In his recent B.C. Views column (“Two governments passed over northern ferries,” March 29), Tom Fletcher downplays the potential ecological effects of a serious oil spill, stating that “Among the lessons from the Exxon Valdez disaster in 1989 was the power of nature to break down and dissipate spilled oil, even the thick crude that spilled when that huge tanker ran aground in Prince William Sound off the Alaska coast.”
Sadly, Fletcher’s comment is misleading, implying as it does that time heals all wounds even when it comes to catastrophic oil spills. An emerging understanding of the ecological and toxicological effects of oil exposure unfortunately indicates that “nature” can be dramatically affected by oil spills over the long- as well as the short-term, dissipated oil notwithstanding.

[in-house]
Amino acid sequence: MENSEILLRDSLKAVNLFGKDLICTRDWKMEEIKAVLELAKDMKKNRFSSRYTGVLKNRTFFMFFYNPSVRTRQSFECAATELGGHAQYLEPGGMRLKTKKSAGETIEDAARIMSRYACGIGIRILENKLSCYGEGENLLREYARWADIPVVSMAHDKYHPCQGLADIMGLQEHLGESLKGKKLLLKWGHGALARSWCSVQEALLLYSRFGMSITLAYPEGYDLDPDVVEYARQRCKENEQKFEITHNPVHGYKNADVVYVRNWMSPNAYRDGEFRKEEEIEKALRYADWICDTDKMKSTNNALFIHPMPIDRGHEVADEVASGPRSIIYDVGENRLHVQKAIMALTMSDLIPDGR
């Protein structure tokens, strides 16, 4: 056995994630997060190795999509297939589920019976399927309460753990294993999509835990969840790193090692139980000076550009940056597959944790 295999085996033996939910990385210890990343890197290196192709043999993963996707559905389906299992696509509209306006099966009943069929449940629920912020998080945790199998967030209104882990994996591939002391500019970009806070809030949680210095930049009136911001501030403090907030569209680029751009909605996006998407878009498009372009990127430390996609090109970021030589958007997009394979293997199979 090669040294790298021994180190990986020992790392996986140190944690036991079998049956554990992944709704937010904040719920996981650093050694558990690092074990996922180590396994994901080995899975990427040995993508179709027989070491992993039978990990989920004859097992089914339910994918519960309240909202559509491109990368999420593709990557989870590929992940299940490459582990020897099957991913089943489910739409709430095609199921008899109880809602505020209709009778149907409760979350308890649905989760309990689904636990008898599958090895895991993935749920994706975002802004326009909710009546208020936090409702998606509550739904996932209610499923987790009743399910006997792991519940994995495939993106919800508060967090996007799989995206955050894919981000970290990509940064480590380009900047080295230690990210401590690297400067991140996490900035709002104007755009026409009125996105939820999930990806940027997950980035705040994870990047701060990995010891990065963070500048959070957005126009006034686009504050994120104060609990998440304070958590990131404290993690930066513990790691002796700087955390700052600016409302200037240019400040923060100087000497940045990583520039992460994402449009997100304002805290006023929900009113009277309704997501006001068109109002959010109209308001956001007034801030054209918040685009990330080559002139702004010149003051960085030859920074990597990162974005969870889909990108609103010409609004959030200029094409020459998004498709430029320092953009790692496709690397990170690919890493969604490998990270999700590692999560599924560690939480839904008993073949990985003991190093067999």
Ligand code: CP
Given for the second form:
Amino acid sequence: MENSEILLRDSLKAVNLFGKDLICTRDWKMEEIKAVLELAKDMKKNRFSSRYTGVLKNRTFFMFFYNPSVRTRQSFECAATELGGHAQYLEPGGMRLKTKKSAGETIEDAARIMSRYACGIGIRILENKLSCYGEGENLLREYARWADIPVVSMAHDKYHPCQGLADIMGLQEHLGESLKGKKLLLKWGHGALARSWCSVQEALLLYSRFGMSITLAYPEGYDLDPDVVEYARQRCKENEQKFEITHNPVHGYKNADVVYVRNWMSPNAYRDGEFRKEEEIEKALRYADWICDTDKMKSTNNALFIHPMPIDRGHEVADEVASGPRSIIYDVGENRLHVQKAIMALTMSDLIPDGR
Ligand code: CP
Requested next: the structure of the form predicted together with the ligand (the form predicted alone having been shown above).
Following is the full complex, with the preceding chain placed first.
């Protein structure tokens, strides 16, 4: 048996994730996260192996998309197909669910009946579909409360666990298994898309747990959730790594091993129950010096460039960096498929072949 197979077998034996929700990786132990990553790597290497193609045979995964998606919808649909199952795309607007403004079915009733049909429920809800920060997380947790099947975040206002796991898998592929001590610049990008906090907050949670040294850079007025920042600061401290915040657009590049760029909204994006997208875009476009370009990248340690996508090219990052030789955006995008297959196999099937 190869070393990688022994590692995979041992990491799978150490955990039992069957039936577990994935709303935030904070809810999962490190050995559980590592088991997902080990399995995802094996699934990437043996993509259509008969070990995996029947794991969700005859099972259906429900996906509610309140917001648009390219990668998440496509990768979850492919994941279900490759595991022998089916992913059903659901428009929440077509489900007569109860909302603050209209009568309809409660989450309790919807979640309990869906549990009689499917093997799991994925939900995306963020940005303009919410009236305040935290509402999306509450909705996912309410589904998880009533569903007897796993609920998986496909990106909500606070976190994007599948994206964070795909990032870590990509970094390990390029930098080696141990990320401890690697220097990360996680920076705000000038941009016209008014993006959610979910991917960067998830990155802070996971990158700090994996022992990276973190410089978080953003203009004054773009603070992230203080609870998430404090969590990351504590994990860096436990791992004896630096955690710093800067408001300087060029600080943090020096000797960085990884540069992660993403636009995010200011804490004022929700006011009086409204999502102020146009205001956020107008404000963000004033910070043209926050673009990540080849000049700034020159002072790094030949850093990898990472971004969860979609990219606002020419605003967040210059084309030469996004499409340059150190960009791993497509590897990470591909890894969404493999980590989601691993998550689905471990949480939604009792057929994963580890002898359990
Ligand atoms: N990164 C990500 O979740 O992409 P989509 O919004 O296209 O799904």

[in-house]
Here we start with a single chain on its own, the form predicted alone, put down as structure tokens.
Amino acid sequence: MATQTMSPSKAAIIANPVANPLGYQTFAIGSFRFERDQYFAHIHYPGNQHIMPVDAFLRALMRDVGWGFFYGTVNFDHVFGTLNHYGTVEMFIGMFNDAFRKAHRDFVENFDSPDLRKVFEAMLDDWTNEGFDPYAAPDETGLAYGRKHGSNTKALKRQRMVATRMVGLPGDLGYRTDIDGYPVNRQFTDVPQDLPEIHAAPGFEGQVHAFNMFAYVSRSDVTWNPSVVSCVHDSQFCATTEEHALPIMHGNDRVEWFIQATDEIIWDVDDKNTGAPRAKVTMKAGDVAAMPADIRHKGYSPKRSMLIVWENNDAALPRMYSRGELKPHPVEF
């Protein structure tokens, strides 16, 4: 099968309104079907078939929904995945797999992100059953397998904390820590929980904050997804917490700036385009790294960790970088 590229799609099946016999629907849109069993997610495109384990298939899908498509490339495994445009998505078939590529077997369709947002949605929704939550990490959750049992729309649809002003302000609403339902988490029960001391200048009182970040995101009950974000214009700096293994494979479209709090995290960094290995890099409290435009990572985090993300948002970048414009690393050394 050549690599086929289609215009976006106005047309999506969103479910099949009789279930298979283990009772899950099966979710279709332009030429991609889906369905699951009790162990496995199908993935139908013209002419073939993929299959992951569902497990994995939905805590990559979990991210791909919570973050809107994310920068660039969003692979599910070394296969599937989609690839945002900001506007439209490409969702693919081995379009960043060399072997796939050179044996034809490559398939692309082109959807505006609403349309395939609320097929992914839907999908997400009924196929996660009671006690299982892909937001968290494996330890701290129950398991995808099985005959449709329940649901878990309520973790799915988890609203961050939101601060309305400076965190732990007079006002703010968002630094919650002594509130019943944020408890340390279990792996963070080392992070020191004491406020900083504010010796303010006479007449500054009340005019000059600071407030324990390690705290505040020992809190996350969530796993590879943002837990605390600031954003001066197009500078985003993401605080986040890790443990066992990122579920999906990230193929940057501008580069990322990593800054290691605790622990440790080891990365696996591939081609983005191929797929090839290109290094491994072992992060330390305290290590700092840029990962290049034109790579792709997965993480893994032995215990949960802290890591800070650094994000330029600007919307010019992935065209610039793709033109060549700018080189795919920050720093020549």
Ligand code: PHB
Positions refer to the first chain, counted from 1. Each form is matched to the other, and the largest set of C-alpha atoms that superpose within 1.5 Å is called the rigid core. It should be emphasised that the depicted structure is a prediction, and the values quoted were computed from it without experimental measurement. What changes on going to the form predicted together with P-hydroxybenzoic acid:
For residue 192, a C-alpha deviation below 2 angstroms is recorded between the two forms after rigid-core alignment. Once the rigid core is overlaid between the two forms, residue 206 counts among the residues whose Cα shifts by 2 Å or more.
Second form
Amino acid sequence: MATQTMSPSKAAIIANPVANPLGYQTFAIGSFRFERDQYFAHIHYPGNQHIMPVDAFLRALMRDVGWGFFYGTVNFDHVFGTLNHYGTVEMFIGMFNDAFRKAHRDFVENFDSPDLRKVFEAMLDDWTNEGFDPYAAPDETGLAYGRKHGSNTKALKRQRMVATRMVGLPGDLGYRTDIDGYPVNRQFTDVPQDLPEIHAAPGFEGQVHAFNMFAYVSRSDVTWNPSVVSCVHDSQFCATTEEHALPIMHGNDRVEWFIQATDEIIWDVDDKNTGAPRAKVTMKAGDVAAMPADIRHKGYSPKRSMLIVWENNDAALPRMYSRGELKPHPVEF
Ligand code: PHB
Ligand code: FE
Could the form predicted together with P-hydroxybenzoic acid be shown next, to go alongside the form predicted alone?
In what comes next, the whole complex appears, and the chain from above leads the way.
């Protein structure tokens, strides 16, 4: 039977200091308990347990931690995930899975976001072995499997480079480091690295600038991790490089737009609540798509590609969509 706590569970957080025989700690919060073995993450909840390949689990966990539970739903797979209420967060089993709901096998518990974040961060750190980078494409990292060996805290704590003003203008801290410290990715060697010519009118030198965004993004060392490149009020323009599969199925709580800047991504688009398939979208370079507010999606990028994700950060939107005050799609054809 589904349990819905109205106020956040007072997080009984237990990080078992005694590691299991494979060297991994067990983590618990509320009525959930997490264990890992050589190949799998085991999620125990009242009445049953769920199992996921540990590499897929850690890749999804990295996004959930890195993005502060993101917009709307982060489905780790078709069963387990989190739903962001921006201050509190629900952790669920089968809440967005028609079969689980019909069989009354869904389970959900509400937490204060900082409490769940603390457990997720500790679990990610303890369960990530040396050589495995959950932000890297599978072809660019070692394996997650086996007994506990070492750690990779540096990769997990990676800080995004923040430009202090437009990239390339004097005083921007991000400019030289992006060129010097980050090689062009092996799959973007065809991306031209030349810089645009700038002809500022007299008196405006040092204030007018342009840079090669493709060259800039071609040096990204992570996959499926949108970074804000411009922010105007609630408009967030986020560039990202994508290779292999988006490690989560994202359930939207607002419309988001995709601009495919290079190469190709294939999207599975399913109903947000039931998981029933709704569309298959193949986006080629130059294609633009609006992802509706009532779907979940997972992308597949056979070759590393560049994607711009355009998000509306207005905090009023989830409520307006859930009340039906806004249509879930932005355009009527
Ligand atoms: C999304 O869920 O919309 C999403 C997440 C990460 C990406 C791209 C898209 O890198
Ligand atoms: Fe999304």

A recent paper in the international journal Science (Peterson et al. 2003, pp. 2082-2086) summarizes the results of more than a decade’s worth of studies in Prince William Sound and concludes that “in the Alaskan coastal ecosystem, unexpected persistence of toxic subsurface oil and chronic exposures, even at sublethal levels, have continued to affect wildlife.”
Fletcher’s article appeared as an opinion column, but even opinion columns ought to be based in fact and it is irresponsible to perpetuate misinformation on such an important and topical subject.